Human Nature 3 (1):1-44 (1992)

Male aggression against females in primates, including humans, often functions to control female sexuality to the male’s reproductive advantage. A comparative, evolutionary perspective is used to generate several hypotheses to help to explain cross-cultural variation in the frequency of male aggression against women. Variables considered include protection of women by kin, male-male alliances and male strategies for guarding mates and obtaining adulterous matings, and male resource control. The relationships between male aggression against women and gender ideologies, male domination of women, and female sexuality are also considered
Keywords Aggression  Reproductive strategies  Nonhuman primates  Cross-cultural analyses  Social relationships  Pair bonds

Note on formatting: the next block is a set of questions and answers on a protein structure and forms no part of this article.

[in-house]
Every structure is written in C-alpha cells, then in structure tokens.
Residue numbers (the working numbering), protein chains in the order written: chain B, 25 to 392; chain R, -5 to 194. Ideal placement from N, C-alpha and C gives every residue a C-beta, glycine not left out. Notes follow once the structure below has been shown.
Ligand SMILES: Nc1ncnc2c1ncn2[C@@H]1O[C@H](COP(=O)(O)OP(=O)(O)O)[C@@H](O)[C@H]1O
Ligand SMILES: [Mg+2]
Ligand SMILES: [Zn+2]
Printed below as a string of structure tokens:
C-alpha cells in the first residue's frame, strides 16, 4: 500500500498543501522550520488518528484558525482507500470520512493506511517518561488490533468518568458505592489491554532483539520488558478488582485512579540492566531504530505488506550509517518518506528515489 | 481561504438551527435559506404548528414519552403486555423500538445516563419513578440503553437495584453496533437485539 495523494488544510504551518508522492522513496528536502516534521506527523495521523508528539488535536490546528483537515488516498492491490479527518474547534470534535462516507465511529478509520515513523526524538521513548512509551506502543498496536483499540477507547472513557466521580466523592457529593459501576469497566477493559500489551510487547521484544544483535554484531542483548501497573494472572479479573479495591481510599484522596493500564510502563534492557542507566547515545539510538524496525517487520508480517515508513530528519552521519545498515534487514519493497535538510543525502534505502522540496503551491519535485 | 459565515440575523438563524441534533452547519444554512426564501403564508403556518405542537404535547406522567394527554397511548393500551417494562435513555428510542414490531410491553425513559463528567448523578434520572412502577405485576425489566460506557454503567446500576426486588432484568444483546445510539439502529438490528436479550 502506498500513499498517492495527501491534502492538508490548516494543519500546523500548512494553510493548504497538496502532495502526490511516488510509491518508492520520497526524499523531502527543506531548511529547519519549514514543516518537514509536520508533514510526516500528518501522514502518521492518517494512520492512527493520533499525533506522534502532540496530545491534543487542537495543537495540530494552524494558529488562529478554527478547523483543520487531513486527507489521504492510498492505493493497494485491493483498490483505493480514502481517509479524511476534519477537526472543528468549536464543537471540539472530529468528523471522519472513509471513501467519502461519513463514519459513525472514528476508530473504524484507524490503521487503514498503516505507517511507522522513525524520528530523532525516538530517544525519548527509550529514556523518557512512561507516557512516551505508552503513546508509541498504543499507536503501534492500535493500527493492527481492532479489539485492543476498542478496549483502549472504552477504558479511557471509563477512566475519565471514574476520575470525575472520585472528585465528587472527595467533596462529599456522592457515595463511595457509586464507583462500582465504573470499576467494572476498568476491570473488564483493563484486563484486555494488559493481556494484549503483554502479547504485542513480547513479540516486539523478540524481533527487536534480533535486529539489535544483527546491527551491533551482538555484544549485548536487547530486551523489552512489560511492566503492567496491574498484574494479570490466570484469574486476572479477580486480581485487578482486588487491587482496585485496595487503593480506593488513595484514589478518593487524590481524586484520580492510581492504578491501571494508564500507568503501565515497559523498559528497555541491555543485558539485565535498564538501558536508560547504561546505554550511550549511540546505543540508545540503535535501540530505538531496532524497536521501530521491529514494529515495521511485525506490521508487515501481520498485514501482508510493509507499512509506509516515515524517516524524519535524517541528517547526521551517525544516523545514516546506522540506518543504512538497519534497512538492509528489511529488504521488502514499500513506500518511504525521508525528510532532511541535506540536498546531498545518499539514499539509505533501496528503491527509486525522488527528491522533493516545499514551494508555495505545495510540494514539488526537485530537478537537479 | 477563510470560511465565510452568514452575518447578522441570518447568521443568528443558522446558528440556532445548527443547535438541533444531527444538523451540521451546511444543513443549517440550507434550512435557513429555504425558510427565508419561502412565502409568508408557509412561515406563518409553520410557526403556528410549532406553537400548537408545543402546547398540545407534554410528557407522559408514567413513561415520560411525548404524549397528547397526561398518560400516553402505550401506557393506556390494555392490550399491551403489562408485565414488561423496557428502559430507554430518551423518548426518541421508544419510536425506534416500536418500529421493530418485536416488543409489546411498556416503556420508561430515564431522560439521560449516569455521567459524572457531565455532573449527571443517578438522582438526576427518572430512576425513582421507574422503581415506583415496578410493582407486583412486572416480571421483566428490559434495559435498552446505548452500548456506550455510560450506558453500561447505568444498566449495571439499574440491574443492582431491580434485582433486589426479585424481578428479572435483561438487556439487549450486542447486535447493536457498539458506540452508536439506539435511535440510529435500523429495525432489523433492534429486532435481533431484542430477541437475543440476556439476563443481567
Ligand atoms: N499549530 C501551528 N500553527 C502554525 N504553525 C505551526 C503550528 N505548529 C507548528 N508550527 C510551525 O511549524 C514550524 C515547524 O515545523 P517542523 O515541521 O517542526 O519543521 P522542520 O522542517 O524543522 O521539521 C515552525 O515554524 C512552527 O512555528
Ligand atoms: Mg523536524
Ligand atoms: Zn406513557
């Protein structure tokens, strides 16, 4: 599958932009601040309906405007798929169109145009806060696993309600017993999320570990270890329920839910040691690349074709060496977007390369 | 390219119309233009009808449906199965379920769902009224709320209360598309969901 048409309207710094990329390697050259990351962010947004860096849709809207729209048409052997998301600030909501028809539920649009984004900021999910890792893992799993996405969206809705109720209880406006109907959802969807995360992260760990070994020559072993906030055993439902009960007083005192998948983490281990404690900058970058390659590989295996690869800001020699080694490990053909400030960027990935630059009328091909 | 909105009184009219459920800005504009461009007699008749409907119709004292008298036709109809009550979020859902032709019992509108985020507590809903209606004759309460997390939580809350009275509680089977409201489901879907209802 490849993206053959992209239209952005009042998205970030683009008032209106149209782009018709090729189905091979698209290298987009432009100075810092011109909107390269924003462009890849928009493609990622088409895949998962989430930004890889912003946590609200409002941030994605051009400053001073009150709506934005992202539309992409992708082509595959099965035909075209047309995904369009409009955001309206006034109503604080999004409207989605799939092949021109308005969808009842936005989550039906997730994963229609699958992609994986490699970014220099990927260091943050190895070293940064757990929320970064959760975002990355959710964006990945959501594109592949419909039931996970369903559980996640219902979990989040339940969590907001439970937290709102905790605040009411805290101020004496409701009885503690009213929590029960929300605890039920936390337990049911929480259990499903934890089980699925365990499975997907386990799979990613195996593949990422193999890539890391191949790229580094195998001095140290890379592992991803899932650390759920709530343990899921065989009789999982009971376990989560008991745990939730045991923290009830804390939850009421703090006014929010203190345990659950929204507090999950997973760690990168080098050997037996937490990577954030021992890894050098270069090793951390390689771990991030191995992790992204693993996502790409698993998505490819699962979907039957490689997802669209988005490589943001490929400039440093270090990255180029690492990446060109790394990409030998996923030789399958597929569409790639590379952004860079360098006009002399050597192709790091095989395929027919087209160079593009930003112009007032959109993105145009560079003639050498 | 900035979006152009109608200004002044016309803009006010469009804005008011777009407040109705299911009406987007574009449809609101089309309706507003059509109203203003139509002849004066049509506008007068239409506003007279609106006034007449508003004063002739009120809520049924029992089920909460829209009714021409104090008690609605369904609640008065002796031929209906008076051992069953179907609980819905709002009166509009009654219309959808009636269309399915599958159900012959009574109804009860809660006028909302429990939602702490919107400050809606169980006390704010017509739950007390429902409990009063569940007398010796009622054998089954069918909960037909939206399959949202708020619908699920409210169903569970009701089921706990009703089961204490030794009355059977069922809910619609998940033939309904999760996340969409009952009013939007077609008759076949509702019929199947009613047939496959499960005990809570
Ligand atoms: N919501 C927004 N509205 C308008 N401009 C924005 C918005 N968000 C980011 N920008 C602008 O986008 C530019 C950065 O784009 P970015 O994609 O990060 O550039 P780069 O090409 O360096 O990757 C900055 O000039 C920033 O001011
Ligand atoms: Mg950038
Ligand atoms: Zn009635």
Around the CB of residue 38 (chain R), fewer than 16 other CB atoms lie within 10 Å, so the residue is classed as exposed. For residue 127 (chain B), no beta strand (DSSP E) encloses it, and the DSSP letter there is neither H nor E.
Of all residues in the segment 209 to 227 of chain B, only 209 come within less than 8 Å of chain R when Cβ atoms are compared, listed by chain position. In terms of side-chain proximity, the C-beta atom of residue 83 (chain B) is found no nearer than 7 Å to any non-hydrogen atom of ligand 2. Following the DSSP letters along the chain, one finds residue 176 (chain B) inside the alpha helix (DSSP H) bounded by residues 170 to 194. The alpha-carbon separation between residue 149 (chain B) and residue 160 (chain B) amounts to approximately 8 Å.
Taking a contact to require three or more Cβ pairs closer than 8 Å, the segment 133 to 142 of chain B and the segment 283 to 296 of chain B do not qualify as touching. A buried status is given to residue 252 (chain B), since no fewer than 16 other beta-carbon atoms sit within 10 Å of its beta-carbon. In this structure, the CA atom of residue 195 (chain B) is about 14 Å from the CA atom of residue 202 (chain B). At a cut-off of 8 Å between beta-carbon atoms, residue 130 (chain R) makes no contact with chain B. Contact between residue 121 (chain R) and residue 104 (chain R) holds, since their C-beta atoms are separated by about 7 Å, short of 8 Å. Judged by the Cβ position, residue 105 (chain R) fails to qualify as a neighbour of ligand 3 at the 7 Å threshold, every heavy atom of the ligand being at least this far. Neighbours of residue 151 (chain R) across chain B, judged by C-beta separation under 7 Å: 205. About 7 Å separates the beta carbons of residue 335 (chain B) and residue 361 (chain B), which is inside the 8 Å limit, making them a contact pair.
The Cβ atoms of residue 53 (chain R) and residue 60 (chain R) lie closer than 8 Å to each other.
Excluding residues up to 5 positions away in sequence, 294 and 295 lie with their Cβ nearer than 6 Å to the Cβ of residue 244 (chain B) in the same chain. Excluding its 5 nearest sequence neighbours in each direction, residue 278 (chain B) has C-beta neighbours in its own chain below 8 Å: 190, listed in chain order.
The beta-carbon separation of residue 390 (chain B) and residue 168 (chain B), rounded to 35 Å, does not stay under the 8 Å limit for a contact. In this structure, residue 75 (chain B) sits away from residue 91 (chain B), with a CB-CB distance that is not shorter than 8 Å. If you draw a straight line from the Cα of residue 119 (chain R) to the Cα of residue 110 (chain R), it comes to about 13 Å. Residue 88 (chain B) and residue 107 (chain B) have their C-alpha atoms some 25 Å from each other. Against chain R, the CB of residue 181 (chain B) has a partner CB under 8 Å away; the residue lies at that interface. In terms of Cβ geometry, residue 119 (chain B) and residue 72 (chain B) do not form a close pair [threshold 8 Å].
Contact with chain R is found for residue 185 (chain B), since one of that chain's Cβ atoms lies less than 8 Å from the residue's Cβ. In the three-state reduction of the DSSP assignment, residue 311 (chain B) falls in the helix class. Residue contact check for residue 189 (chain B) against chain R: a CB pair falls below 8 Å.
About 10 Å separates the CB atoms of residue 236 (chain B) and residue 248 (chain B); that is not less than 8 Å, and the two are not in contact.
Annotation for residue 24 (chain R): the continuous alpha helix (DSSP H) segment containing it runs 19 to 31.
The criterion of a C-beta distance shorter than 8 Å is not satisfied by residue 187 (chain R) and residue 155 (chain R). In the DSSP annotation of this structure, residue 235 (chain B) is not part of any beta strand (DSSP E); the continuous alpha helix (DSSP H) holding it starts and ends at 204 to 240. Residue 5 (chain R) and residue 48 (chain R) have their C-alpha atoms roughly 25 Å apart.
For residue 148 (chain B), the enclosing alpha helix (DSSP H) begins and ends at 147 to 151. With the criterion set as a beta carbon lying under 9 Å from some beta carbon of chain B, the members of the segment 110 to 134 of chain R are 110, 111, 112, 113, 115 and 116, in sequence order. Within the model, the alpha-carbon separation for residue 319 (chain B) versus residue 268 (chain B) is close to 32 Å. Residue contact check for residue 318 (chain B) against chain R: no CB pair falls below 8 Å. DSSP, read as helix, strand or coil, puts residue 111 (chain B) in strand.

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DOI 10.1007/BF02692265
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References found in this work BETA

„The Traffic in Women “In: Rayna Reiter.Gayle Rubin - 1975 - In Rayna R. Reiter (ed.), Toward an Anthropology of Women. Monthly Review Press.
The Woman That Never Evolved.Sarah Blaffer Hrdy - 1981 - Harvard University Press.

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Blinded by “Science”: How Not to Think About Social Problems.John Dupré - 1992 - Behavioral and Brain Sciences 15 (2):382-383.

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